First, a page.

Allen awarded NIH grant to identify sources of osteoarthritis symptoms

Osteoarthritis, or OA, is initiated by damage to articular cartilage between the bones of joints and can lead to severe pain and debilitation. However, cartilage loss has not been found to predict the severity of symptoms, suggesting that other tissue may influence pain and disability.

With the assistance of an over $1.8 million grant from the National Institutes of Health, Dr. Kyle D. Allen, associate professor of the J. Crayton Pruitt Family Department of Biomedical Engineering, will investigate the conditions of several tissues as OA symptoms improve or deteriorate. 

“What this grant is focused on is trying to look beyond the articular cartilage to see what changes in what tissues are really driving the symptomology of (OA),” Allen said.

The non-cartilage factors potentially contributing to OA symptoms that will be focused on in this project include bone structure, inflammation and neural sensitivity within rodent models of OA, Allen said.

Exercise, one of the most clinically effective forms of OA management, will allow tissue changes to be studied during improvement of OA symptoms.

Although effective, exercise can be difficult for some patients due to OA related pain. In addition, exactly how exercise elicits improvement in the first place is not yet completely understood, Allen said.

“With exercise, disability improved even though that exercise tends to not improve articular cartilage,” Allen said about a pilot study from his lab. 

Symptoms, namely pain and disability, will be monitored by measuring changes in hind-limb sensitivity to touch and walking patterns, or gait.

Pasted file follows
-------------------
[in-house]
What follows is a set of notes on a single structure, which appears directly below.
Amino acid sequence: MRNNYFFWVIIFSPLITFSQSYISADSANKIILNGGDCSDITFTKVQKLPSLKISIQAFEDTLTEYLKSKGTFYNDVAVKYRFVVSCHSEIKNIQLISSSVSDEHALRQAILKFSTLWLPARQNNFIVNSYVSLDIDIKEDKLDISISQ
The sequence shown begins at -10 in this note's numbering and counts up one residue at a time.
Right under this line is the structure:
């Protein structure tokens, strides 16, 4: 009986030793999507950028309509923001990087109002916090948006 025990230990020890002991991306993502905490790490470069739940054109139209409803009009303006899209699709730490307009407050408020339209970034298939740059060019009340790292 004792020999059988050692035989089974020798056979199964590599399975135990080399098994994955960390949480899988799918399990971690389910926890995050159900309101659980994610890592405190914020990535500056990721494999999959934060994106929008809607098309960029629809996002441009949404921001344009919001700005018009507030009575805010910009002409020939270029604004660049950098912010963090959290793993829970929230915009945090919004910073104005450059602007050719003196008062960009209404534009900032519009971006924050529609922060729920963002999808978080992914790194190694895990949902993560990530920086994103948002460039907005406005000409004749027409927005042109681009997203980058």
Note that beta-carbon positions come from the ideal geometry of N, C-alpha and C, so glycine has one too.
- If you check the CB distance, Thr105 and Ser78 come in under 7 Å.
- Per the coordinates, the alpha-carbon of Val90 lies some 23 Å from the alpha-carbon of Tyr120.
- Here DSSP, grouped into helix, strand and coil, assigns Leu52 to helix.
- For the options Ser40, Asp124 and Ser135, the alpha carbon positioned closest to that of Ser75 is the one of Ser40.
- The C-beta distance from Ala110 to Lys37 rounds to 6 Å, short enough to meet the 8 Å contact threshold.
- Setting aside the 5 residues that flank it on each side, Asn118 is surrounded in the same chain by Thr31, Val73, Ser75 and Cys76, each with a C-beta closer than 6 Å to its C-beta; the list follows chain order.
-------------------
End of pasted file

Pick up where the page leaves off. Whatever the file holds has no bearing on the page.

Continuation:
Gait analysis will be performed using GAITOR Suite, an original system developed by Allen for OA models. This method utilizes highly sensitive force plates to fully detect ground forces exerted by walking in OA models, a unique feature as other systems only partially detect these forces, Allen said.

GAITOR Suite also includes high-speed video capture of up to 1000 frames per second.

“We can detect changes that are on the scale of hundredths of seconds (or) thousandths of seconds,” Allen said. “That has this huge effect because of the higher speed at which rodents walk.”

Findings from this study could bring about new drug targets to help alleviate symptoms and make it easier for patients to reap the benefits of exercise, Allen said.

“If there are things that we can do to protect the joint from pain during the act of exercising that might make exercising a little bit more feasible for the person to incorporate into their lifestyle then potentially, this is a better way of managing osteoarthritic pain and disability,” Allen said.

By Jonathan Griffin, BME Ph.D. student